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Every website I visit now seems to display a warning such as "We use cookies to improve your experience. By your continued use of this site you accept such use. To change your settings please see our policy." (this one is taken from ubuntu.com). Usually wiht an "x" button that will disable the message (using cookies).

From a user's viewpoint does the user need to be aware of the user of cookies? Almost every website uses cookies and it's a new distracting element taking space and attention away.

What has happened recently that seems to have started such trend?

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Also see ux.stackexchange.com/q/7318/10431 which discusses how to deal with it gracefully. –  Ulrich Schwarz Jun 9 '13 at 7:21
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This isn't a trend as much a legal compliance. There is close to unanimous agreement that it's silly, but a few politicians think that it's better to annoy everyone on every site than it is to ask a few paranoid people to change their browser settings. –  JohnGB Jun 9 '13 at 12:54
    
@JohnGB, Although silly, this is probably the only way to increase people's awareness to cookies, so they can become paranoid and shut them from their browser. Otherwise, 90% of web surfers remain in their ignorance, and they can't make a sound and rational choice (as if...). –  Dvir Adler Jun 9 '13 at 13:13
    
@DvirAdler That is already in most sites TOS. If we need to explicitly warn about every part of the TOS, we will hurt UX even more and simply push people towards sites in countries that don't do that. –  JohnGB Jun 9 '13 at 13:21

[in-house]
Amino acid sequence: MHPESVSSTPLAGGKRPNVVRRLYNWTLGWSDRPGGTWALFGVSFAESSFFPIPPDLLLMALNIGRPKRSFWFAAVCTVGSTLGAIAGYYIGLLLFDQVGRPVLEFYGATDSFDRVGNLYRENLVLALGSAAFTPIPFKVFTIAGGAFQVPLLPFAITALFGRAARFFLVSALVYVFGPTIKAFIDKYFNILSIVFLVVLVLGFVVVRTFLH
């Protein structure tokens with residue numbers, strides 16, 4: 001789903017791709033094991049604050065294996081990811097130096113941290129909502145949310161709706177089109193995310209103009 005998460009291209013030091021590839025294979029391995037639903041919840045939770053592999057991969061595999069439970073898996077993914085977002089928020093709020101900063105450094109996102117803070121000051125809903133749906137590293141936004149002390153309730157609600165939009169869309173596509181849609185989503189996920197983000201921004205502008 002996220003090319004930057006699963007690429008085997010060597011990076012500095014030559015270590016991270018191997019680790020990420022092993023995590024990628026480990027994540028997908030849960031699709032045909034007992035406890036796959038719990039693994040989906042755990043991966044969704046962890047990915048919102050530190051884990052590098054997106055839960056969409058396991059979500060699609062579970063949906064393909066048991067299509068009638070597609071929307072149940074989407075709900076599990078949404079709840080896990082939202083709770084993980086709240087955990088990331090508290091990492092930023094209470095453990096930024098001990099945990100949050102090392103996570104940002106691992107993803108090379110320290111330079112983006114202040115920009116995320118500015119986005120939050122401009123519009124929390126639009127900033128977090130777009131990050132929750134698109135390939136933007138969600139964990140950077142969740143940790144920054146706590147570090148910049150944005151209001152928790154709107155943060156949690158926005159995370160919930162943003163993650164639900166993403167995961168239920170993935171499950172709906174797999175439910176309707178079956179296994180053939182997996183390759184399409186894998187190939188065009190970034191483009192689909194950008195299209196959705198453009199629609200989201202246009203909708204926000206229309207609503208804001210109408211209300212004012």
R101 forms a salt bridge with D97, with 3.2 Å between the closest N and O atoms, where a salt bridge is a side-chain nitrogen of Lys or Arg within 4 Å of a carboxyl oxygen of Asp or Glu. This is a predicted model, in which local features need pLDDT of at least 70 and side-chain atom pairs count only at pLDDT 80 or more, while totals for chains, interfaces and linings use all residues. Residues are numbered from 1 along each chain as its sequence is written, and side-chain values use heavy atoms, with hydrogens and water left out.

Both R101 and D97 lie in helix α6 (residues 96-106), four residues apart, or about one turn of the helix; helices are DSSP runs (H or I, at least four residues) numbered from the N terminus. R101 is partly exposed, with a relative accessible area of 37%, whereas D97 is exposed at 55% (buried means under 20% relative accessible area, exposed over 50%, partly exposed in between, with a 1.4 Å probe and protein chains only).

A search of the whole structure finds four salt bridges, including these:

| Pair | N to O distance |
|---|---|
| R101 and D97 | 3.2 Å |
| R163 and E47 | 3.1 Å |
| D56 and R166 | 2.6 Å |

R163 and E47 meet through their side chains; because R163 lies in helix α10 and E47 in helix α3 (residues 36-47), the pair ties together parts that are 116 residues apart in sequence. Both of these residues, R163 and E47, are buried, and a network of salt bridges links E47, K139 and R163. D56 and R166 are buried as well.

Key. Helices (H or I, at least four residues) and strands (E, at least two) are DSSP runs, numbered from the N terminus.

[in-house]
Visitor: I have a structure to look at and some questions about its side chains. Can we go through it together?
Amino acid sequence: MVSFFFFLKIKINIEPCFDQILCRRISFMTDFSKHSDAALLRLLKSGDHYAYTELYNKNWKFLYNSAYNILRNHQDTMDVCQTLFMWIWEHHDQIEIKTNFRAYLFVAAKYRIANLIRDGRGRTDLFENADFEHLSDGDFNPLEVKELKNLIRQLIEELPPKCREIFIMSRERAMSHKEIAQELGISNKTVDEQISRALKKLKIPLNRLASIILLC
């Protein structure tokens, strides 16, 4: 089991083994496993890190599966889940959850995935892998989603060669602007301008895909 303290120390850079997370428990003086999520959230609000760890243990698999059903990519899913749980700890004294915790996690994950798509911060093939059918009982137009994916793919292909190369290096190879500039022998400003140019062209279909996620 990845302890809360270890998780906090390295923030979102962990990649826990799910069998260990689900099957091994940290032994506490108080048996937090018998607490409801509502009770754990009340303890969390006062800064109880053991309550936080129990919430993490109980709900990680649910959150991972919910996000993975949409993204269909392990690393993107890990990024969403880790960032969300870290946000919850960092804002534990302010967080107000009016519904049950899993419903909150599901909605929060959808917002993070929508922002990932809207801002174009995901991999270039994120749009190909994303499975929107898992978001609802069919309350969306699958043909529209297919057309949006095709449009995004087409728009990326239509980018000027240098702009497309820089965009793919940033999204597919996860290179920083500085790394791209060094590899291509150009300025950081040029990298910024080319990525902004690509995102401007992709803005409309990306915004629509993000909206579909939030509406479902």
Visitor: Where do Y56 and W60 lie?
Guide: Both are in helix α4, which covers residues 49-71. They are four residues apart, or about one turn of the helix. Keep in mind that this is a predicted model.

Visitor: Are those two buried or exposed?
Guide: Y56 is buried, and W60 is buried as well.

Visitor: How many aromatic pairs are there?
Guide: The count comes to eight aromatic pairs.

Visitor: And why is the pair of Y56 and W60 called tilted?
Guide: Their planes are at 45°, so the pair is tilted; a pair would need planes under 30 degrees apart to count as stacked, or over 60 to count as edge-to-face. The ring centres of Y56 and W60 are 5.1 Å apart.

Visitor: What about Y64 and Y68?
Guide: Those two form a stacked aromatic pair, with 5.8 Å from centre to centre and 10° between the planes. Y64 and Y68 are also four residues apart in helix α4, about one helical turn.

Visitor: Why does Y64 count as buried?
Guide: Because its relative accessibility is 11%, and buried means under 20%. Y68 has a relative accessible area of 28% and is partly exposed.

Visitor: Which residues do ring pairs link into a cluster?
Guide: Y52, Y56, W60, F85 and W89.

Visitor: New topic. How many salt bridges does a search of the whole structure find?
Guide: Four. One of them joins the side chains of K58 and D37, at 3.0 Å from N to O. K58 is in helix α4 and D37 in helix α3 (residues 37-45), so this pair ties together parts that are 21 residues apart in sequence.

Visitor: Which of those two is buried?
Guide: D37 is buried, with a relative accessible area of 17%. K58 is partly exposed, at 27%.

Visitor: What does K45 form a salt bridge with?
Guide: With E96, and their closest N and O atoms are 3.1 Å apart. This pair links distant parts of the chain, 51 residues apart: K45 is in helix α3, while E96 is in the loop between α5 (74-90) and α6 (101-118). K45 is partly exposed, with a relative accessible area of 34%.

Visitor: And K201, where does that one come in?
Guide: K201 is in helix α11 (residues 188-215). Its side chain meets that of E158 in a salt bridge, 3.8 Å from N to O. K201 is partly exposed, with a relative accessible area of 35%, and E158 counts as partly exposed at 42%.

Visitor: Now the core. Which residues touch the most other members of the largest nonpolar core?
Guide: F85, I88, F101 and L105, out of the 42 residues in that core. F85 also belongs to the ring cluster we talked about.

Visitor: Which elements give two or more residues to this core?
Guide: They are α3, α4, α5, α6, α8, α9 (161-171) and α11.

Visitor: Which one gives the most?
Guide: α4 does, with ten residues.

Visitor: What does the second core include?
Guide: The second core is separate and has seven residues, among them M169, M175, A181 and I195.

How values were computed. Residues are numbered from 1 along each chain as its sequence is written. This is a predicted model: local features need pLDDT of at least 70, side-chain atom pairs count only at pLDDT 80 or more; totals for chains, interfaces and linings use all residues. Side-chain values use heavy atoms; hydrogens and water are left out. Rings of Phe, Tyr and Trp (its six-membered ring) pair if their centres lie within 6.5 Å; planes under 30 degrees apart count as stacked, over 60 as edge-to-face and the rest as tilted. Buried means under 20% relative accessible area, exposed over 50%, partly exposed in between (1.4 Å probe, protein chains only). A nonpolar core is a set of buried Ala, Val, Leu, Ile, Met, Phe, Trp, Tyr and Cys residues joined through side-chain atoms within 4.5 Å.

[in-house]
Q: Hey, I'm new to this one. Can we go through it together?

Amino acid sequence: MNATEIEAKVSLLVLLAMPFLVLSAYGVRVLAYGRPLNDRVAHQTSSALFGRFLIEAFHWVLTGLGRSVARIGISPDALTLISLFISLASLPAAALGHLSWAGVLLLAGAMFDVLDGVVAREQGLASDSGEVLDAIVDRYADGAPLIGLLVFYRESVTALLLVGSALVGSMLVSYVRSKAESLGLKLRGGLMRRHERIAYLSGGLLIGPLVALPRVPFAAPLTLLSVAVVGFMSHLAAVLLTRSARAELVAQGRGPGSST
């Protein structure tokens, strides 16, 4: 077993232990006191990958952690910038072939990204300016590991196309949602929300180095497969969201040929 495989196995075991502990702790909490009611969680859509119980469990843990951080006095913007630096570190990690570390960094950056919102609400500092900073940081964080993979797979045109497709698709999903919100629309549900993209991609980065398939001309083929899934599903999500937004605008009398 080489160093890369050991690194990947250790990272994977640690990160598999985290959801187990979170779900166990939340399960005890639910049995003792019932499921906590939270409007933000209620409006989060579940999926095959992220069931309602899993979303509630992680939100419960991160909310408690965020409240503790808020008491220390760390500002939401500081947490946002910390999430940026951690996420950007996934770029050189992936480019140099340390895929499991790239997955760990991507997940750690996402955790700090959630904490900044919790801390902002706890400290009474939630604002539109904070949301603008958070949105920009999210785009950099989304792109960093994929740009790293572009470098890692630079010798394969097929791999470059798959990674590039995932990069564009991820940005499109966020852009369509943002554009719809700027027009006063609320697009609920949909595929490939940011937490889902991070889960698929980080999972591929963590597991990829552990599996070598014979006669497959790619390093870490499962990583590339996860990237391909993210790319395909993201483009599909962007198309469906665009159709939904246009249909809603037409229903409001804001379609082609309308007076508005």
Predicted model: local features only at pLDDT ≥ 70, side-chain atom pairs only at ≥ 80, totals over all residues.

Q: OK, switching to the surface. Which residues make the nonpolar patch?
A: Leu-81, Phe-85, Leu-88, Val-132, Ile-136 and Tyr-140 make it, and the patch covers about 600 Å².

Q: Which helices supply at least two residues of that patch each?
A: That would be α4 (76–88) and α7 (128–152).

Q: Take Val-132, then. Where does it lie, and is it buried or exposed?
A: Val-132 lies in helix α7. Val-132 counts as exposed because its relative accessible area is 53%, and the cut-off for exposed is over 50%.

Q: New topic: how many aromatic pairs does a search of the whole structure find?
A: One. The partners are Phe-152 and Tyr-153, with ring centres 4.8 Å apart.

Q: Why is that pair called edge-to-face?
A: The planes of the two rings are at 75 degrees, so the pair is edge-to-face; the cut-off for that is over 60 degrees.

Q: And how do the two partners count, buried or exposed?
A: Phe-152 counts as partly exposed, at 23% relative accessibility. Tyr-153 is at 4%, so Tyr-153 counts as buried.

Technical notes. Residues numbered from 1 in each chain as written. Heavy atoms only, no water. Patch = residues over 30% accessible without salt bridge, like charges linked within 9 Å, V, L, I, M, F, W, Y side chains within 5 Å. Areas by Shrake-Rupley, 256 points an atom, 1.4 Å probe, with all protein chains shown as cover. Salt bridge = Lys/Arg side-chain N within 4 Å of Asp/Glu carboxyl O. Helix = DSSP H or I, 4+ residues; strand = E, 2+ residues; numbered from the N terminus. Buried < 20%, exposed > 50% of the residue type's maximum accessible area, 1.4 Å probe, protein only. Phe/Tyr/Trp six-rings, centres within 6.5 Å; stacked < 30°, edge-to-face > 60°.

I decided to not bother complying. If they want to sue me, they can feel free. But the fact is, cookies aren't innately bad, it depends what you're doing with them. I can't be bothered writing extra stuff just to annoy people with a stupid pointless message. As Ben Brocka said, by having cookies enabled, that's you giving your consent. –  David Robilliard Feb 10 at 14:47

2 Answers 2

up vote 17 down vote accepted

There was a new cookies law passed last year in the EU that required websites to inform users if they place cookies. More info here

http://www.netmagazine.com/features/beginners-guide-new-cookie-law

From a UX perspective it's obviously a negative thing and is just an onerous legal obligation people have to comply by. You do it if you have to and don't do it if you don't.

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The "implicit consent" thing has pretty much rendered the whole thing pointless anyway: theregister.co.uk/2013/02/01/ico_cookie_policy_change. Using the internet with cookies enabled is more or less your implicit consent. –  Ben Brocka Jun 9 '13 at 16:58

In a related point, there is a law in effect here in the US that affect most websites. I'm working on updating content on several large websites for this change.

The California Internet Privacy Bill. Our legal counsel has boiled it down to the following points.

If any consumers of your web service are located in the state of California, you must:

  • Explain "how you deal with" do-not-track requests.
  • Make that information available in a conspicuous way from your homepage. (A text link to a privacy policy will do the trick)

Now, this doesn't mean you have to "do" anything about do-not-track requests, you just have to explain how you deal with them. That could be statement along the lines of "We take do-not-track requests and promptly ignore them" - but if you want to be compliant, you need to say something somewhere and link to it.

All that said, how the state of California plans to take action against the the millions of non-compliant site owners is another question. Presumably, you're going to have to be a pretty big fish, and be flagrantly non-compliant, to get any heat on this. (note: this is not intended to be legal advice : )

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